A Brief Flashback
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October 18th

The littlest things make the greatest impact upon this world.

Two months ago, a dog ran through tall grass somewhere in Ohio, carrying spores on its fur. A child cuddles it.

One month and twenty days ago, a father reads to his child in bed. The child cuddles his favorite toy, a stuffed tiger named Oscar. The spores from the dog migrate to Oscar.

One month and nineteen days ago, Oscar is due to be washed, but goes missing. His father, off to work somewhere far away, has accidentally put it in his briefcase.

One month and seventeen days ago, Oscar is bound for home by mail. The boy's father now has innumerable spores on his suit, and within his briefcase.

One month and fourteen days ago, the man and his briefcase enter a fairground filled with pumpkins. Decontamination procedures fail, as the man opens a file and presents it to a woman, named Dr. Carol Brown.

One month and ten days ago, Dr. Carol Brown does a preliminary survey of an organism they refer to as SCP-097-1. It is healthy, as it has always been. It has survived forty-eight of the harshest winters in North America, from the Blizzard of '78 to the Polar Vortex. Surely the spores on her clothes won't transmit.

One month and seven days ago, signs of fungal infection appear on several vines throughout the zone of containment. They are burned, chopped, salted. Several of them bleed. Some of the blood has bones mixed into it.

One month ago, I felt my prison dying. I had forgotten I was even imprisoned, but then I remember the traitorous Karcist, the sadistic author, the cowardly mayor, and the prideful mage. The first planted my seed here, and had forgotten me over the many years. The second was buried in a pine box. The mayor, the poor mayor, had been turned into pumpkin food as a last, black act by the Karcist. And the mage…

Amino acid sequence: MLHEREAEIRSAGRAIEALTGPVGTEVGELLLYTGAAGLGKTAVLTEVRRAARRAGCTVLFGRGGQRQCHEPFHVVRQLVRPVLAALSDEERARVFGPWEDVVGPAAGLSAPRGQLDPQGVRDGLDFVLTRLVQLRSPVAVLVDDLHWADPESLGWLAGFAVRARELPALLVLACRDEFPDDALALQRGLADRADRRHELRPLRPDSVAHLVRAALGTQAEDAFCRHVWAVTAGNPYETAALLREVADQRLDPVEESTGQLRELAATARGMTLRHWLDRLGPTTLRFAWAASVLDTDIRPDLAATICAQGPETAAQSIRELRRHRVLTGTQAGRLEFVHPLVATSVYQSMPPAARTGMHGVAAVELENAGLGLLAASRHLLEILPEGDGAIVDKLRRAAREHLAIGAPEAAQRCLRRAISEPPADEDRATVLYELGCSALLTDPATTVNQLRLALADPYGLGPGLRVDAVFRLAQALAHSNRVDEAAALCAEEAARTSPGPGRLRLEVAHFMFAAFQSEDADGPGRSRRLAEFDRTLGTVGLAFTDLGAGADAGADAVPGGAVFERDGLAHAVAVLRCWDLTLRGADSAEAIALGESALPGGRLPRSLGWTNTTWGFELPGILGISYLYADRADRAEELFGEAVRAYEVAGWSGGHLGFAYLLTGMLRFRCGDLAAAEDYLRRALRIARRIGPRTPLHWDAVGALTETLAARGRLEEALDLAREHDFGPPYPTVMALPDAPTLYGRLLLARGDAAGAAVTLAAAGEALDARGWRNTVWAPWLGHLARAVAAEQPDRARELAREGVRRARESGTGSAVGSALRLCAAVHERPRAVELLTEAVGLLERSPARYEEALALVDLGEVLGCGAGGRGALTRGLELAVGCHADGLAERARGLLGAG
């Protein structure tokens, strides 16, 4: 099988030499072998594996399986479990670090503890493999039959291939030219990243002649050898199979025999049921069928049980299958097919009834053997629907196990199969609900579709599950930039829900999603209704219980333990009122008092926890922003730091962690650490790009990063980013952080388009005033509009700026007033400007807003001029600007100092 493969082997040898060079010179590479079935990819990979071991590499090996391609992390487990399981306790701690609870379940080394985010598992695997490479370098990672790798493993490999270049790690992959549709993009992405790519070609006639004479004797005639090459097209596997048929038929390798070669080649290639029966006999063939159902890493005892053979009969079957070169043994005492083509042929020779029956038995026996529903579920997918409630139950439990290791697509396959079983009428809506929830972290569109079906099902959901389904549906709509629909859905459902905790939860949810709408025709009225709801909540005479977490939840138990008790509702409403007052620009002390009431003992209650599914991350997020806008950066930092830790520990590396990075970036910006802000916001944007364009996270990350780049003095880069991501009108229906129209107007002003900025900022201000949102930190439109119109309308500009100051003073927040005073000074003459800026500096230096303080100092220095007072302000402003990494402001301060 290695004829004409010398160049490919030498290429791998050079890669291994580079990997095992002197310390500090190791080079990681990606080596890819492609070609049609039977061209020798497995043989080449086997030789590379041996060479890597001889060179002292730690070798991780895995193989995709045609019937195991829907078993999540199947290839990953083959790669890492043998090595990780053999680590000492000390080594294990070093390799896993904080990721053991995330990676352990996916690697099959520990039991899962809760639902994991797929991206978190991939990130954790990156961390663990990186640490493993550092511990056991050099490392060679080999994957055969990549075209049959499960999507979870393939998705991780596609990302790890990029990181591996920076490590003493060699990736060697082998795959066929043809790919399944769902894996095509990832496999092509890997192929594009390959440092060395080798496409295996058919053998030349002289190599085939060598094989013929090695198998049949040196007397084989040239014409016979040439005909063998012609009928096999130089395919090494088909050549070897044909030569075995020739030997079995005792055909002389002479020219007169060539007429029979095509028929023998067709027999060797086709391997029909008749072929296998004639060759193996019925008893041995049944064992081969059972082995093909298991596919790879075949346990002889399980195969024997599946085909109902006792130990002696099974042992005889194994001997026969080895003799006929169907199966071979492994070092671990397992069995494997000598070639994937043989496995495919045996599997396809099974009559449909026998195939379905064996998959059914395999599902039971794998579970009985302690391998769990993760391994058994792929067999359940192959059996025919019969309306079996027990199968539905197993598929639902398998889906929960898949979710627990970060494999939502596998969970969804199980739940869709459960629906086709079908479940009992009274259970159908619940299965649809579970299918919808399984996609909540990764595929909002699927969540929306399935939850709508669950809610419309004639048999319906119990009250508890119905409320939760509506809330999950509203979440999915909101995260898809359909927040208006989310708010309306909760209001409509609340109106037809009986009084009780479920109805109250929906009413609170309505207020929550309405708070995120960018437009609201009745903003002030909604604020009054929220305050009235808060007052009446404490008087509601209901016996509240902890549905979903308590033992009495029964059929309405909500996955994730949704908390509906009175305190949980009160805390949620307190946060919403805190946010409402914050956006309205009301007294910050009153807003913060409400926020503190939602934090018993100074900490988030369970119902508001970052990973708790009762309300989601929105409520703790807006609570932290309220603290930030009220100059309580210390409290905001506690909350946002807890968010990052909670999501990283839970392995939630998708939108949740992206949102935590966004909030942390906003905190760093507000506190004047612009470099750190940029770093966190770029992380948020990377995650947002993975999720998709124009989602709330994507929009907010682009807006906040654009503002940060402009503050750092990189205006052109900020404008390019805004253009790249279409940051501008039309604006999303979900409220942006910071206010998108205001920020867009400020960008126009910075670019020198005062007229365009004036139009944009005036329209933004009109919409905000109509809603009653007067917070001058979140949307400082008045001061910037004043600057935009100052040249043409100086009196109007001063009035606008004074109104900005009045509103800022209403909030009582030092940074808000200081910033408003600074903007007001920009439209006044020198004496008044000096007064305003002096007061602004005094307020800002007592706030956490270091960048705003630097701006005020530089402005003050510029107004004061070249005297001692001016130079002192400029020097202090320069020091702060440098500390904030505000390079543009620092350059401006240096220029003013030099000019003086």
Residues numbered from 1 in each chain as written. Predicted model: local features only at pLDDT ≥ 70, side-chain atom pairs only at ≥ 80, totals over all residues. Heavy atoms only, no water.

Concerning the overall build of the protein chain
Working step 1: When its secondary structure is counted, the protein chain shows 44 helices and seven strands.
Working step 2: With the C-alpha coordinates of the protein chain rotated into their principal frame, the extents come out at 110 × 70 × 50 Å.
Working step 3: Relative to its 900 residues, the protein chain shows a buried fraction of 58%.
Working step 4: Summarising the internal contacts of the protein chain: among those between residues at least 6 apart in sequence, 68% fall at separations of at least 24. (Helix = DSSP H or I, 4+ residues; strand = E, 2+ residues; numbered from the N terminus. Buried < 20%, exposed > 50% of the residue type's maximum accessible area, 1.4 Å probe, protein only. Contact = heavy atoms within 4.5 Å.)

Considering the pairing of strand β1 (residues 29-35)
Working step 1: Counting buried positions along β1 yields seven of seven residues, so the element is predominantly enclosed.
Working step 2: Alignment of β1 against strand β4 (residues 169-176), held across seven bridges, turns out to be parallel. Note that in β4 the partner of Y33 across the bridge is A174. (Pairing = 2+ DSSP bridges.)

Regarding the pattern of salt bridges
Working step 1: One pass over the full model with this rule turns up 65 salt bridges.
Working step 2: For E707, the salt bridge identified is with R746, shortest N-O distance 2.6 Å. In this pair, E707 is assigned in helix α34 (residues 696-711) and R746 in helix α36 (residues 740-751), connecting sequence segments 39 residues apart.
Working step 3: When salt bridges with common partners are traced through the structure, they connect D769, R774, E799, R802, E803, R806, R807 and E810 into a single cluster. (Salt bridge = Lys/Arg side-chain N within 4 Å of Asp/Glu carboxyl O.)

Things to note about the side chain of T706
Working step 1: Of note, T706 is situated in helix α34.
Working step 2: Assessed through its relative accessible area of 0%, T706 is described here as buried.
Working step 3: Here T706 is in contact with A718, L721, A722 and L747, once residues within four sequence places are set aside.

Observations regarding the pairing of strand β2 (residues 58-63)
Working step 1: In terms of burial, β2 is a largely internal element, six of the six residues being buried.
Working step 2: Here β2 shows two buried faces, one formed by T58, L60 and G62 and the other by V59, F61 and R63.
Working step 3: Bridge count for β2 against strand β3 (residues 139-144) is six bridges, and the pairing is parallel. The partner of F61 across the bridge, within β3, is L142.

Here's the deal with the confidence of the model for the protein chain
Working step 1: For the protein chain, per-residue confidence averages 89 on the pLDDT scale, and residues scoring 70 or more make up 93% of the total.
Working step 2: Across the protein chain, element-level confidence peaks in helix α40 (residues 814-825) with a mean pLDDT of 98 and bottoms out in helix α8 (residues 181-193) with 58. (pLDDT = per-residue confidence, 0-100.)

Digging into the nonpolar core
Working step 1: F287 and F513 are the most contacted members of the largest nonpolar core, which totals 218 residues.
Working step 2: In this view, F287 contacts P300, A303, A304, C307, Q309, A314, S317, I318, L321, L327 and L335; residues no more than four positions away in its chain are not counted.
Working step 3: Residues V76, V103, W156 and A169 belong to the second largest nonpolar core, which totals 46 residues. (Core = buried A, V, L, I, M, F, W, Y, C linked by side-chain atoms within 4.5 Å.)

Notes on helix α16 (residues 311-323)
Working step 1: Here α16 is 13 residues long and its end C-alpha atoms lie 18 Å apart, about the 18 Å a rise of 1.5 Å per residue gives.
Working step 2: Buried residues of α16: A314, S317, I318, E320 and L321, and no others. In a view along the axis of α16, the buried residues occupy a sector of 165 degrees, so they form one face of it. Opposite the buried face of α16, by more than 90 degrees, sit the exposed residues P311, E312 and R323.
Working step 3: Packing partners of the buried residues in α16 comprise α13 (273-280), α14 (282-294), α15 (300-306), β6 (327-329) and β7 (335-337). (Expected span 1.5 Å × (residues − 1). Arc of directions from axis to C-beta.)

Richard Gideon. Rot in Hell. You bound me to a place that I can never escape.

Or can I?

Three weeks ago, panicked voices. They see my shell starting to rot. Arguments are had, between people, between telephones. They do not know what my prison holds, but they know that if it dies, then with it goes their status quo.

Humans always disappoint. Children have the most potential, and when they grow, they squander it. They see my cell dying, and all they care for is their normalcy.

Two weeks ago, and I've learned to control the fungus. It is an agent of Rot and Decay, and I am the Black Autumn. I am the thing that eats the year's failures, the fungal signal, the final rot, the chill before frost. I dispel it enough that it seems that my prison is recovering, and the crisis has passed.

But the bars have bent enough that I am able to squeeze through them.

One week ago, I realize that I am only half-whole. The other half of myself is locked in an Inn, and I remember everything done in that hotel, everyone who has visited. I can use this information. I just need to work out how to make a phone call.

Six days ago, all activity that surrounds me ceases. Relief sets in, and they think it a quiet night.

Four days ago, they realize it is too quiet. Paranoia is seeded; the Founders jump at shadows. A man faints at the sound of a crow.

Three days ago, I form three cracks in my prison. I am not without a flair for the dramatic.

Two days ago, I make the cracks grow larger.

Yesterday, I let myself out. They did not know I was present, until they started rotting






I save those who are the most frightened for last. It is not death that feeds me, not truly. It is the anxiety surrounding death, the thought of not knowing which breath will be your last, whether you should scream or proclaim love or pray.

I keep puppets. To their ever-watchful eyes, all seems normal. Men and women walk around, guarding gourds and corn and rotten apples and abandoned toys, left by children whom I have unconsciously claimed.

For almost half a century, I have eaten their fears, their bodies, their hearts. But I do not remember it. I am hungry, and angered. I want out.

The bubble that surrounds this town is strong, but any bubble can break if one has a hard enough hammer, a sharp enough needle. I need power. I need to feed.

Today, I make a phone call.

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